Close this search box.

7 Benefits of Functional Conditioning

Functional Conditioning
Kent Probst, BS, MEd
Kent Probst is the owner of Long Healthy Life Blog

Why Functional Conditioning is Important

At its most basic meaning, functional conditioning is resistance exercise that increases strength in your musculoskeletal system for the purpose of improving your activities of daily living.  

It’s important for you to avoid the functional decline that comes with aging. This is why you need functional conditioning to remain functionally independent late into life.

To stay functionally independent late in life, your workout should improve or maintain function.  

Your workout should be based around your individual needs, so each person’s workout will vary. 

Functional exercises should mimic your functional activities.  

Plyometrics at Power Systems


How You Benefit From Functional Conditioning

1. Less Risk of Injury 

Functional conditioning exercises will make your activities of daily living easier, thereby reducing the risk of falls. By getting stronger in the muscle groups you use during your activities of daily living, you’ll have better core and lower extremity stability.


2. Unnecessary Expensive Equipment

You won’t need fancy equipment for functional conditioning. Most of the exercises can be done using body weight against gravity, dumbbells, or therapy balls.


3. Increased Muscle Mass

Increased muscle mass is associated with significantly lower all-cause mortality in people over age 55. Since functional conditioning exercises tend to be compound exercises involving more than one joint, they stimulate more testosterone and growth hormone than isolation exercises, building more muscle mass and strength than isolation exercises.


4. Improved Coordination

Complex movement patterns required for functional conditioning translate into better coordination involving activities of daily living. The more your conditioning program simulates activities of daily living, the more transfer of learning there will be.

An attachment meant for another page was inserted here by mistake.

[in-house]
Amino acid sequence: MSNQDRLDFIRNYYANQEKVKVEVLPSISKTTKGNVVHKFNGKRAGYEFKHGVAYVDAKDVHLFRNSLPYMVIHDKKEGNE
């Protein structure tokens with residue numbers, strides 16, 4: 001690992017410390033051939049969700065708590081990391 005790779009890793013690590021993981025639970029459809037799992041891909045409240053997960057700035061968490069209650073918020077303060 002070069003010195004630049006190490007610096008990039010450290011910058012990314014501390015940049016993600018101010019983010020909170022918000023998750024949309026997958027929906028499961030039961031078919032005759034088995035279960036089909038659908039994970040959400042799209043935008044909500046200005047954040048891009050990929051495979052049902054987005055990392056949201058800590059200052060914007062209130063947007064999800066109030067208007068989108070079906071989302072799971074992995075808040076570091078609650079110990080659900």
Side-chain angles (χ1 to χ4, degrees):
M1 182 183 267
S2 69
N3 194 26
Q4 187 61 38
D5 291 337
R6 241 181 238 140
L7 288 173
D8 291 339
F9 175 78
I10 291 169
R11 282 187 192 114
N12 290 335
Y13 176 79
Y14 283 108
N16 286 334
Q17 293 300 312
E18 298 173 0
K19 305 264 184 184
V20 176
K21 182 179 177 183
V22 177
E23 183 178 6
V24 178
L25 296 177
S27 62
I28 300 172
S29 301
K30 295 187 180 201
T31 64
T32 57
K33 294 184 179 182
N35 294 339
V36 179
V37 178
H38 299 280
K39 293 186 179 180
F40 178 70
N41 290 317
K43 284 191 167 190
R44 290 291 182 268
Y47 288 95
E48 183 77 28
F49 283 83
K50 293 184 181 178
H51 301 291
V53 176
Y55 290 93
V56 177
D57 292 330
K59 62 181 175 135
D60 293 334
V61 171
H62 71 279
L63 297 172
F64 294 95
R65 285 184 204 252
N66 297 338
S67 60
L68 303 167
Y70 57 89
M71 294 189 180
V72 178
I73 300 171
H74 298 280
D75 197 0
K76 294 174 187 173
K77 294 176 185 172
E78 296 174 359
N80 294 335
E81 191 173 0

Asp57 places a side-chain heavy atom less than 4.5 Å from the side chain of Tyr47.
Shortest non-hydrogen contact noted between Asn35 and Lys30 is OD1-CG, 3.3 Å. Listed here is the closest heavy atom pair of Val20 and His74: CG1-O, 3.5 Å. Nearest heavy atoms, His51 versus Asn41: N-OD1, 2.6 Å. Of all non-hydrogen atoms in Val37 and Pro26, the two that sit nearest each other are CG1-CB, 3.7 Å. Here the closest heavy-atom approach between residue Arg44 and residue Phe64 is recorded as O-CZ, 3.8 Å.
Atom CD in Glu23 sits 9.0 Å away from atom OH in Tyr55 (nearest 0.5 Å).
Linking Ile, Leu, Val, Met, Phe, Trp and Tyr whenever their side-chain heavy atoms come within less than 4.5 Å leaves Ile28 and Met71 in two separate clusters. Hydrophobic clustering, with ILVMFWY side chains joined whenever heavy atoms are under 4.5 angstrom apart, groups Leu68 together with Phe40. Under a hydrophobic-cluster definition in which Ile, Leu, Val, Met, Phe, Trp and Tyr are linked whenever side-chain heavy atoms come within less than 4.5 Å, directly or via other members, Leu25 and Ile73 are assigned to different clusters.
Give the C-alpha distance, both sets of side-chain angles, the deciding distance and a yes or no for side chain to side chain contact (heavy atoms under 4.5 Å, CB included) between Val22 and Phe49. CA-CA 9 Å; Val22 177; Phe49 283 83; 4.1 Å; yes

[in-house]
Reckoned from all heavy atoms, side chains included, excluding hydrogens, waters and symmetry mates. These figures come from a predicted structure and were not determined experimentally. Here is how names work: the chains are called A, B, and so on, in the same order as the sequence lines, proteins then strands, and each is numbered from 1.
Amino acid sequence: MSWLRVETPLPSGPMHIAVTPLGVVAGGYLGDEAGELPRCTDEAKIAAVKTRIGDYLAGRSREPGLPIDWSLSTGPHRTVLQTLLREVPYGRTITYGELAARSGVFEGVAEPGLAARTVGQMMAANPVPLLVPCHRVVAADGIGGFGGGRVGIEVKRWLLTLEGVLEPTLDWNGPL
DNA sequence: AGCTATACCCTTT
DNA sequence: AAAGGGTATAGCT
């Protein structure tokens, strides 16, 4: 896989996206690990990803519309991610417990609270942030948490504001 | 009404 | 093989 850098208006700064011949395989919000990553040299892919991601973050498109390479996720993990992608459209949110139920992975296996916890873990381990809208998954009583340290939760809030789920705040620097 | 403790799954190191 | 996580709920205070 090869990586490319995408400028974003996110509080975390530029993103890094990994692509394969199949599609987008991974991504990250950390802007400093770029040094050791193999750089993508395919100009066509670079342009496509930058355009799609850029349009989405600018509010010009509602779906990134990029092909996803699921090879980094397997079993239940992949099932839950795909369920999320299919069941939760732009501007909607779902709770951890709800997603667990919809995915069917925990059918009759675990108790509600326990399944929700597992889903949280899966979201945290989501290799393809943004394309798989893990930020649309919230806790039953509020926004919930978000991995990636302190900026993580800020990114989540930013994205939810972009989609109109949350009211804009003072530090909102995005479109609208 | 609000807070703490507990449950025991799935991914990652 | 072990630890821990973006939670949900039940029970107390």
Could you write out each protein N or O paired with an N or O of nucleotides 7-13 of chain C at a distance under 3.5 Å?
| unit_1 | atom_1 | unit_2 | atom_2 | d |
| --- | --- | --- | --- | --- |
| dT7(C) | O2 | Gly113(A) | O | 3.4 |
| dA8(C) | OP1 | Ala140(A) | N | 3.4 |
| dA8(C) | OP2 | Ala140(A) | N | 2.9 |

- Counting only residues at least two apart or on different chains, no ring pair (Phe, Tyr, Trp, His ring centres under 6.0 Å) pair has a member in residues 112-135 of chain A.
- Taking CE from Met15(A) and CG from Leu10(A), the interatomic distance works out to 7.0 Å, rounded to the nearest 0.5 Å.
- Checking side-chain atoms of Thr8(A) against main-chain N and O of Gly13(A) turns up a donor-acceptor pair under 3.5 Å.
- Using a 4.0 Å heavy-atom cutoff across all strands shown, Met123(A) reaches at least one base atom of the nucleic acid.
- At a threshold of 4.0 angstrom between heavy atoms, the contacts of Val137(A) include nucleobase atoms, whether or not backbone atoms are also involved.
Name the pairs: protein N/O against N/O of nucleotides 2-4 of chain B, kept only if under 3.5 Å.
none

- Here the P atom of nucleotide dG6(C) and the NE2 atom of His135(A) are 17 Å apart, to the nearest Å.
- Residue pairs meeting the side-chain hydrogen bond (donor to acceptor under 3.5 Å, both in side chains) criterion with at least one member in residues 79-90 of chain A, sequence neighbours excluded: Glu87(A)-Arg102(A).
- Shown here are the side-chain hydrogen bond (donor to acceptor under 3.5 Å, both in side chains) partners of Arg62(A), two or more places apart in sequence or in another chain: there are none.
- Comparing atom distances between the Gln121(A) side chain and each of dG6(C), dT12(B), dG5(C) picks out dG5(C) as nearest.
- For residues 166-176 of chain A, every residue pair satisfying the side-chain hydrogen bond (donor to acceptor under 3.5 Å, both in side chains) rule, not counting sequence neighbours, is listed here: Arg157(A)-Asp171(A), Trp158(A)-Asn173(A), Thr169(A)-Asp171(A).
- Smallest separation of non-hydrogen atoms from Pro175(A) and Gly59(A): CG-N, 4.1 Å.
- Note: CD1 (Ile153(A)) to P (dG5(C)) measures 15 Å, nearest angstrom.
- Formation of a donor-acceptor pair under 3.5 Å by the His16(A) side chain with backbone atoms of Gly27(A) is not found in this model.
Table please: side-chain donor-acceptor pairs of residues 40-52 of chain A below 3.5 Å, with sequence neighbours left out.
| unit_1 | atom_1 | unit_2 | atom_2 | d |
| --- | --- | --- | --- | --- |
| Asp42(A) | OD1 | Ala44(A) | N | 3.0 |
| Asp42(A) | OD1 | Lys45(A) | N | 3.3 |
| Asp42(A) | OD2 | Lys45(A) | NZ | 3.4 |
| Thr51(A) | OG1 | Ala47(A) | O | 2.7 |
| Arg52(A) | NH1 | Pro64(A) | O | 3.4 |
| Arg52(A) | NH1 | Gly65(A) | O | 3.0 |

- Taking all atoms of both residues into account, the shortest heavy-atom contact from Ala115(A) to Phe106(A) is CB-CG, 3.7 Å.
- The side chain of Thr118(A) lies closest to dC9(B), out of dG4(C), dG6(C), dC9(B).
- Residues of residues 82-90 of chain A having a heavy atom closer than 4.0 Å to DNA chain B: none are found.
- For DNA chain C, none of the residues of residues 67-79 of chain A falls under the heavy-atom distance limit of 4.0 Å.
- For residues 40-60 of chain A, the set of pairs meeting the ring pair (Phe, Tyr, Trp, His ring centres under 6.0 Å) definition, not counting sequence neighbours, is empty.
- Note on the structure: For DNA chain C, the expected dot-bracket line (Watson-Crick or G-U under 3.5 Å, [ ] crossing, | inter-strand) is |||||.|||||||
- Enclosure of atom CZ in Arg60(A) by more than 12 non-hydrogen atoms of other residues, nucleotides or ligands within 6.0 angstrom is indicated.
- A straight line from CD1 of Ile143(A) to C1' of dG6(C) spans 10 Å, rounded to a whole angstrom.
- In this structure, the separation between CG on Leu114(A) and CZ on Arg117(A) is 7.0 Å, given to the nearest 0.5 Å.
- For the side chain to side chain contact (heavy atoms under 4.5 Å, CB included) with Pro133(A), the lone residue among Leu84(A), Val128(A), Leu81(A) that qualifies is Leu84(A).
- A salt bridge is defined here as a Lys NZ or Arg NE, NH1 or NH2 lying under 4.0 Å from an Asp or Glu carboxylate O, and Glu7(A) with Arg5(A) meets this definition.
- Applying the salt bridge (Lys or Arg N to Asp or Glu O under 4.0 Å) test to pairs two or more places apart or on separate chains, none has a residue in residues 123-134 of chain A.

5. Better Core Stability

Improving your functional activities requires improving core stability, and functional conditioning can deliver stronger and better developed abdominal and paraspinal muscles of the lumbar region. 


6. Postural Improvement

Unless you’re actively working on maintaining good posture, or improving posture, it tends to deteriorate with age. Poor posture can also lead to neck, shoulder, and back pain. 

Incorporating functional conditioning can be done at a young age so you don’t have to worry about poor posture later in life.


7. Improved Balance

As a consequence of aging, our balance tends to deteriorate.  More specifically, this means loss of sensory ability and motor control, as well as a decline in musculoskeletal function from sarcopenia. 

Reducing the risk of fractures is another reason you should be concerned about balance. People involved in functional conditioning tend to see better balance and athletic ability.



When you incorporate exercises into your routine that mimic your activities of daily living, you’ll see your functional activities get easier. 

You can start with the exercises outlined in the article 5 Strength Training Exercises for Longevity.

Need help designing a workout? The American Council on Exercise has resources to help you find a fitness professional.


Disclaimer: This post includes affiliate links, and I will earn a commission if you purchase through these links. Please note that I’ve linked to these products purely because I recommend them and they are from companies I trust. There is no additional cost to you.

Share this:


One Response

  1. In a world where digital content often succumbs to mediocrity, your work stands tall as a beacon of sophistication. The meticulous attention to detail, coupled with an unwavering commitment to excellence, is both refreshing and admirable. It’s a testament to your dedication to the art of written expression.

Leave a Reply

Your email address will not be published. Required fields are marked *

I accept the Privacy Policy

Hi, I'm Kent

As a personal trainer, exercise physiologist, and bodybuilder, I’ve dedicated my life to optimal nutrition, fitness and natural remedies. And putting it all into practice. Now I’m taking my experience and knowledge to the next level by helping others through blogging.


and get the FREE resource – 8 essential foods you should eat for a longer, healthier life

Browse by Category



and get the FREE resource – 8 fitness tips to make your workout far more effective